Conclusion

This paper has highlighted knowledge regarding HIV/AIDS among fishermen of the Kutch coast. Knowledge varied with age and educational status. Therefore, it is imperative for government and other community based organizations to give the fisheries sector attention on HIV/AIDS education and prevention to help the population in the struggle against the pandemic. Urgent mobilization on HIV/AIDS information and education can be organized in the fishing communities to reduce the burden of HIV/AIDS on the national economy. Circulation of HIV/AIDS related information routinely through several means in the community is needed as many people reported lack of access to sources of information. The establishments of HIV/AIDS support organizations in enlightening the people on a broad-based community approach are required. Strengthening social capital through structural intervention programs may be important in preventing the spread of HIV/AIDS in this community.

Conflicts of interest

None.

Acknowledgments

The project was financially supported by King Saud University, Vice Deanship of Research Chairs Kingdom of Saudi Arabia, Riyadh.

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Table 1
Distribution of study participants according to sociodemographic variables.
Variable n %
Age (y)
 18–27 221 23.3
 28–37 256 26.9
 38 –47 287 30.2
 ≥ 48 186 19.6
Marital status
 Unmarried 355 37.4
 Married 578 60.8
 Widower 12 1.3
 Separated 5 0.5
Educational status
 Illiterate (cannot read and write) 762 80.2
 Literate 188 19.8
Employment status
 Daily wages 432 45.5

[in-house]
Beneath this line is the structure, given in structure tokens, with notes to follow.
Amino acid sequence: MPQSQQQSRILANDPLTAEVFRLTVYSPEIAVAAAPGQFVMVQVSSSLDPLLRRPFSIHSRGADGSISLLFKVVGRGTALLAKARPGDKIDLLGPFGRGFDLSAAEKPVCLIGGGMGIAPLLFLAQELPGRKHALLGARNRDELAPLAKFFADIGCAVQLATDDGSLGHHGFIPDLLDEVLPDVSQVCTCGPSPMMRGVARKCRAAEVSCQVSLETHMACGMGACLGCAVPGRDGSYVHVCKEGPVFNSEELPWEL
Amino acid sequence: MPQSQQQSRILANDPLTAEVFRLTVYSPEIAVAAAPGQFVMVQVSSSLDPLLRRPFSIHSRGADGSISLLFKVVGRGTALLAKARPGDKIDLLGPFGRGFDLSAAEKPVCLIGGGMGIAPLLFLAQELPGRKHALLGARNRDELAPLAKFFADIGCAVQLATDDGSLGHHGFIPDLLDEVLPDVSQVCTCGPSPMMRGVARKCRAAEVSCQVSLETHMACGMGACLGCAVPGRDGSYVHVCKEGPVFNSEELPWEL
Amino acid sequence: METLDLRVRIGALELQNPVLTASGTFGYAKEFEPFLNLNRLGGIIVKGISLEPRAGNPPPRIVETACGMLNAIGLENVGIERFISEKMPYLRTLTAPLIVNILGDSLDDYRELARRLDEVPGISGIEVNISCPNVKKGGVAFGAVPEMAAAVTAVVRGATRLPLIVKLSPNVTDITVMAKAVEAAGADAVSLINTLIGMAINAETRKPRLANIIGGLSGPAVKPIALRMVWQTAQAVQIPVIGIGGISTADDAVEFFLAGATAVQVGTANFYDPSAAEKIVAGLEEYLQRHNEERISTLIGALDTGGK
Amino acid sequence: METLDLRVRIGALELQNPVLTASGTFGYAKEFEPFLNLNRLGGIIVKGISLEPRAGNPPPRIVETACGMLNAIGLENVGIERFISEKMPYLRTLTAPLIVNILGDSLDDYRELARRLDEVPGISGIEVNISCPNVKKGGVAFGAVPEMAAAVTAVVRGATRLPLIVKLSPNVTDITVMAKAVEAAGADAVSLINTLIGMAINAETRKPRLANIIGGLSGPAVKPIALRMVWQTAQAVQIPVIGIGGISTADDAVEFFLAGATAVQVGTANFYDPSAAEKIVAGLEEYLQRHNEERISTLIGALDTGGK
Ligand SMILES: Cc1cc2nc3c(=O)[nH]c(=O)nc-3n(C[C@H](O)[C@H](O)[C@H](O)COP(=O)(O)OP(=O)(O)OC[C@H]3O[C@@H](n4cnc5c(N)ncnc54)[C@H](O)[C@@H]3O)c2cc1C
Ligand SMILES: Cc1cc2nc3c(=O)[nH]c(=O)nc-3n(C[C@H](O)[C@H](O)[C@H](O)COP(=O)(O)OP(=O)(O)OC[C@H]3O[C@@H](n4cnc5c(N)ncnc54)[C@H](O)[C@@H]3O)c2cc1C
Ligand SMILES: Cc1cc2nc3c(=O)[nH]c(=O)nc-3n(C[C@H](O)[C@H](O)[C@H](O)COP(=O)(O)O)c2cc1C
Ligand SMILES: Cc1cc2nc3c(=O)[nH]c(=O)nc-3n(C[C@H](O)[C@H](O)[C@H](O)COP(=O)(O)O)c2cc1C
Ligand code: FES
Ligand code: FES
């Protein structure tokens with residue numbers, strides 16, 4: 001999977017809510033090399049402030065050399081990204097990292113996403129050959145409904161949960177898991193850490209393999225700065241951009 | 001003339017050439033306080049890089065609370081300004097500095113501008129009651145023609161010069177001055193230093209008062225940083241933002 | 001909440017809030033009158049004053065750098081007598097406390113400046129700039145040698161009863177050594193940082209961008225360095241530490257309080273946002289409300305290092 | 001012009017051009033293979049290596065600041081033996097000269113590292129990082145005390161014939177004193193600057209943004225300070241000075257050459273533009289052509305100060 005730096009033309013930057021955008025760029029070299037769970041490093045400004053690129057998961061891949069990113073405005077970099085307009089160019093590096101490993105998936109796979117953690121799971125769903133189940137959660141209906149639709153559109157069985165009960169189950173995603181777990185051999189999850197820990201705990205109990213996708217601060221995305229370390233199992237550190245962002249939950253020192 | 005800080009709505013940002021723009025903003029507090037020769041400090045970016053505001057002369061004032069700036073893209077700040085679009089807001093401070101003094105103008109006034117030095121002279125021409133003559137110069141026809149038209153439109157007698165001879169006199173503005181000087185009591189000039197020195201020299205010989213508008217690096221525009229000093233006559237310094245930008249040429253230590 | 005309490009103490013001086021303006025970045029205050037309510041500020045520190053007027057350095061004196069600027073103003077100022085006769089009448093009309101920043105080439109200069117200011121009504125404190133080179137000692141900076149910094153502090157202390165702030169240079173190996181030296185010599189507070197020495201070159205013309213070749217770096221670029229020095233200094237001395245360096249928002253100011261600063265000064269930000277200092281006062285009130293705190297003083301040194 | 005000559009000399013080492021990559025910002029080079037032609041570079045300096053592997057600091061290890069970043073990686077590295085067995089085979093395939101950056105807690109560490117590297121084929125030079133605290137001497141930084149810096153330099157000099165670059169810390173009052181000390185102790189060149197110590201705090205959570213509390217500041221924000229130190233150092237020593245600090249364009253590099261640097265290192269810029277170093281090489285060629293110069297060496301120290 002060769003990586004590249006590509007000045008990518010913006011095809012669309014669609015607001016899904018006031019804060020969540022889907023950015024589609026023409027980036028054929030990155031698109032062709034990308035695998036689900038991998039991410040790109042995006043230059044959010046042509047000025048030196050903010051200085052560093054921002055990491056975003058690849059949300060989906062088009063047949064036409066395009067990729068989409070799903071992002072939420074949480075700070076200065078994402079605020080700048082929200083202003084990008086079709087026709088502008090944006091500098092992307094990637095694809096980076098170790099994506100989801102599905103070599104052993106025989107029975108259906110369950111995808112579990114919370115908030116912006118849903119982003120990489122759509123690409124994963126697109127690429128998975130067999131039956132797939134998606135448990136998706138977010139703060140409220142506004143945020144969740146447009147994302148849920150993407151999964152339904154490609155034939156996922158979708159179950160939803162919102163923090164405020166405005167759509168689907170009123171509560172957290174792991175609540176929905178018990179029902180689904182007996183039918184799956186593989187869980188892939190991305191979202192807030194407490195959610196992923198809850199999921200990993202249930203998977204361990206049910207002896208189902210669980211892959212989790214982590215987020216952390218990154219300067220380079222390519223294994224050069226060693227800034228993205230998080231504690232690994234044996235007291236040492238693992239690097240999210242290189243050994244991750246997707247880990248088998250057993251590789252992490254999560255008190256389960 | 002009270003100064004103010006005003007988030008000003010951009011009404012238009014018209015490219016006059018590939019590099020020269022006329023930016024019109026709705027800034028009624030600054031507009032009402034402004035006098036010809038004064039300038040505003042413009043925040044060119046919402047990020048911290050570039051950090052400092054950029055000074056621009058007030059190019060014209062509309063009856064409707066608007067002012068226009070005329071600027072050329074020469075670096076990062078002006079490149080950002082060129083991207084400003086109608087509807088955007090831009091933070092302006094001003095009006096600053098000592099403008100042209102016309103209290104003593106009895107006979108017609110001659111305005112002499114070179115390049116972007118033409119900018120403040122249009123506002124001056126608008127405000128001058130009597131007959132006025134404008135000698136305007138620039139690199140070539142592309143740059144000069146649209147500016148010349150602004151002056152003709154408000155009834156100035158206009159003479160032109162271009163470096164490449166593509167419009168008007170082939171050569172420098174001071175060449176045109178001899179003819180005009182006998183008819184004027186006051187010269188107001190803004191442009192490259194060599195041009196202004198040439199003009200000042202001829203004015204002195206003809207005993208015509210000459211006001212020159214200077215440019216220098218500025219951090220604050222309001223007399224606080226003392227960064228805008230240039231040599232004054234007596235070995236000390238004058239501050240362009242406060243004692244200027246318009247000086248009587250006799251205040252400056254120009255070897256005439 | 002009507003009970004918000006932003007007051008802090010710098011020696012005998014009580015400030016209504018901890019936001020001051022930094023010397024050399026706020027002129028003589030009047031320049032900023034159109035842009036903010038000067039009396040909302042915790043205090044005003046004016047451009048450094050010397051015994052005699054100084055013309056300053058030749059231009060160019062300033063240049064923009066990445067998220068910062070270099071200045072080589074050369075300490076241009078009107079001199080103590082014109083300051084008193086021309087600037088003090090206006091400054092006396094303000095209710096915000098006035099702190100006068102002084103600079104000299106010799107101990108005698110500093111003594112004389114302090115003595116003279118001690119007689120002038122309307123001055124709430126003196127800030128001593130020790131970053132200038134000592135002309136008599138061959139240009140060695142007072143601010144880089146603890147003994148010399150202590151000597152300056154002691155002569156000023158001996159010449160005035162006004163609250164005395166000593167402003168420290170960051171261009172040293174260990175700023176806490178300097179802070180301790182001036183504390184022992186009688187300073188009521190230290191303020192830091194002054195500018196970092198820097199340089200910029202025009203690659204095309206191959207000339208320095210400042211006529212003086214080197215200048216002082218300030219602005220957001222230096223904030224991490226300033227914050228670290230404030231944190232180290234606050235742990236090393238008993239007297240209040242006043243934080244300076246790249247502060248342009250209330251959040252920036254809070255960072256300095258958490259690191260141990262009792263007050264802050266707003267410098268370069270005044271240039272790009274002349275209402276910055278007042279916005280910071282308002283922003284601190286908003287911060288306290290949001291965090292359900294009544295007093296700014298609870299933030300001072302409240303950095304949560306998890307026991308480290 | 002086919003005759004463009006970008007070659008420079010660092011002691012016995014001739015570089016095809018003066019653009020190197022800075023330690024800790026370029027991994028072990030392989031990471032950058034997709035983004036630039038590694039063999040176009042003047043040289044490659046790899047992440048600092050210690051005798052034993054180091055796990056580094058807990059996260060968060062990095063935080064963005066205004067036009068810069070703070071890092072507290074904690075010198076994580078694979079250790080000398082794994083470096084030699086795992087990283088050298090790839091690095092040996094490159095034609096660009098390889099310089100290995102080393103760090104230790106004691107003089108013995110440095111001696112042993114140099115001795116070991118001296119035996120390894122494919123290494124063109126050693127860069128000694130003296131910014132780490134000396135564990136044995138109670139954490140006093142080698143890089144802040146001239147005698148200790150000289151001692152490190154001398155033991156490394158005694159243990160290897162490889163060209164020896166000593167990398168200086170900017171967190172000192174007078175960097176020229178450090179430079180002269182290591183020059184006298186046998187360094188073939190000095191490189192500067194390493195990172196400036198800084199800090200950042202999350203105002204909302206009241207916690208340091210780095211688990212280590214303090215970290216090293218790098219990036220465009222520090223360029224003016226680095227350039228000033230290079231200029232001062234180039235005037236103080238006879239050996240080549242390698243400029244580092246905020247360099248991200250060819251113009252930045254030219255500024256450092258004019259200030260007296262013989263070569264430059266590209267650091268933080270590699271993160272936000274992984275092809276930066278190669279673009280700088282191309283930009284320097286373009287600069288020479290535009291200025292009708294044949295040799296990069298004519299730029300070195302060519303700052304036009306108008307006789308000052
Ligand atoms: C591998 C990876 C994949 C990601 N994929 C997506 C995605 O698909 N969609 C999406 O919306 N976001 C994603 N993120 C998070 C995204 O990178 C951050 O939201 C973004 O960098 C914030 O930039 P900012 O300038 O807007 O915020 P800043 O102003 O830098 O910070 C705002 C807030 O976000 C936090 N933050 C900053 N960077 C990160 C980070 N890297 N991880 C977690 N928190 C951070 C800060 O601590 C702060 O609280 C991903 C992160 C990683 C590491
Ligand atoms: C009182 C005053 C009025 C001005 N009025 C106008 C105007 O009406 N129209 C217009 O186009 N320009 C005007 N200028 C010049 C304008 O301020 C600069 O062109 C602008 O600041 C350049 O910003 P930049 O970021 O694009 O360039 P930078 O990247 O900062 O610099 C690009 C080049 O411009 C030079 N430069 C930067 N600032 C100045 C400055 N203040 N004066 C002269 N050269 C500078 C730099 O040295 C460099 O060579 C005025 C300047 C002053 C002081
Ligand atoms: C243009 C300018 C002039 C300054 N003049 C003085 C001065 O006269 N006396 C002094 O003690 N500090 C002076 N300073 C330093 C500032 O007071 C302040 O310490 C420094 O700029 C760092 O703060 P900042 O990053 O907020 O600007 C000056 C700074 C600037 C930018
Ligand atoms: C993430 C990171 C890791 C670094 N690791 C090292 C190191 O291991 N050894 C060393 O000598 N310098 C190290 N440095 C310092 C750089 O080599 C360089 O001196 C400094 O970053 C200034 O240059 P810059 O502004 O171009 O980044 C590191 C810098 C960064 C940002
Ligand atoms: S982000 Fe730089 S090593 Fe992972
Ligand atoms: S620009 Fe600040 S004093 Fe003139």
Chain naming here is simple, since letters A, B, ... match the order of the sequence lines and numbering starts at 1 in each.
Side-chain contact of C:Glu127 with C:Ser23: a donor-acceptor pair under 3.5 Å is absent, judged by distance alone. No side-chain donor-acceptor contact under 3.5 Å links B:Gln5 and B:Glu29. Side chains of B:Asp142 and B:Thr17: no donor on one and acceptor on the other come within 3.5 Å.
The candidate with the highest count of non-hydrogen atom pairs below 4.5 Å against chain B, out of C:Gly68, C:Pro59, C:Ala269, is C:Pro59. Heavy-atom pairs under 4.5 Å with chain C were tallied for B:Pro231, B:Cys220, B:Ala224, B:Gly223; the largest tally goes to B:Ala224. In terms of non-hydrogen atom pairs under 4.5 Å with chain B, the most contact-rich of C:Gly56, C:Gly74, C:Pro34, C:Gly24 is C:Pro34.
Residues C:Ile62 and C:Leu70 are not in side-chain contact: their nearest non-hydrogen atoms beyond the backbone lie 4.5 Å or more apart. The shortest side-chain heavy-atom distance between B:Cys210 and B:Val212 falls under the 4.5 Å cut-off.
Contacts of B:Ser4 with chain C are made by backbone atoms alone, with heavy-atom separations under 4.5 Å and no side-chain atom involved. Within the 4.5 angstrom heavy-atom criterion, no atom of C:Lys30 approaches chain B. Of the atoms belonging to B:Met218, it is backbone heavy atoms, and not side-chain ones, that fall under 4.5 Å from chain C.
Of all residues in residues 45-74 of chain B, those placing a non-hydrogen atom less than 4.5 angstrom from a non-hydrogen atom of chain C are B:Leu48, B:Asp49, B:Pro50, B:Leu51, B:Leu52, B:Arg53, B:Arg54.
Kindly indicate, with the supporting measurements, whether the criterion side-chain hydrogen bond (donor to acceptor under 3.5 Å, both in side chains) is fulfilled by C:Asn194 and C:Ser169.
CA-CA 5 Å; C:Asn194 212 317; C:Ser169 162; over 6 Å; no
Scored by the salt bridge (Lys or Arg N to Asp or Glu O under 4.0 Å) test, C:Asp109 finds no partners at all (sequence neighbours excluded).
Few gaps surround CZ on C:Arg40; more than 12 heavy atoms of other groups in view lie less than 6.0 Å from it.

Contract basis 518 54.5
Monthly income (Indian Rupee, INR)
 ≤ 10,000 623 65.6
 > 10,000 327 34.4
Access to potential source of information regarding AIDS
 No access to media 543 57.2
 Print media 136 14.3
 Electronic media 271 28.5
Total 950 100
Table 2
Frequency distribution of correct responses.
Item Individuals with correct response, n (%)
Heard about HIV/AIDS 332 (34.9)
Healthy looking individual can have AIDS 354 (37.3)
HIV/AIDS curable disease 123 (12.9)
HIV/AIDS transmits by unprotected sexual contact 456 (48)
HIV/AIDS transmits by unsafe blood transfusion 412 (43.4)
HIV/AIDS transmits by needle stick injury 423 (44.5)
HIV/AIDS transmits from mother to child during pregnancy 247 (26)
HIV/AIDS can be prevented by
Use of condoms 218 (22.9)
Having only one sexual partner 231 (24.3)
No commercial sex 198 (20.8)
No injections with contaminated needles 182 (19.2)
No blood transfusions 183 (19.3)
Table 3
Distribution of study participants with appropriate knowledge according to sociodemographic variables.
Variable Individuals with appropriate knowledge, n (%) p
Age (y)
 18–27 (n = 221) 62 (28.1) 0.023
 28–37 (n = 256) 80 (31.3)
 38–47 (n = 287) 63 (21.9)
 ≥ 48 (n = 186) 14 (7.5)
Marital status
 Unmarried (n = 355) 33 (9.3) 0.97
 Married (n = 578) 182 (40.1)
 Widower (n = 12) 3 (25)
 Separated (n = 5) 1 (20)
Educational status
 Illiterate (cannot read & write) (n = 762) 48 (6.2) 0.012
 Literate (n = 188) 171 (90.9)
 Employment status
 Daily wages (n = 432) 95 (21.9) 0.132
 Contract basis (n = 518) 124 (23.9)
Monthly income
 ≤ 10,000 (n = 623) 121 (19.4) 0.76
 > 10,000 (n = 327) 98 (29.9)
Access to potential source of information regarding AIDS
 No access to media (n = 543) 185 (34.1) 0.55
 Print media (n = 136) 12 (8.8)
 Electronic media (n = 271) 66 (24.4)
Total (n = 950) 219 (23.1)

Test applied: Chi-square test.

Indicates statistically significant at p ≤ 0.05.

Table 4
Odds ratio (OR) and 95% confidence interval (CI) for appropriate knowledge regarding HIV/AIDS according to multiple logistic regression.
Variable OR 95% CI p
Age (≤ 30/> 30 y) 2.431 1.231–5.551 0.035
Marital status (single/married) 1.32 0.12–2.88 0.55
Educational status (illiterate/literate) 4.551 2.314–8.982 0.014
Employment status (daily wages/contract basis) 1.121 1.019–2.331 0.81
Monthly income (≤ 10,000/> 10,000) 0.56 0.18–2.54 0.77
Access to potential source of information regarding HIV (no/yes) 0.98 0.23–1.451 0.44

CI = confidence interval; OR = odds ratio.

Indicates statistically significant at ≤ 0.05.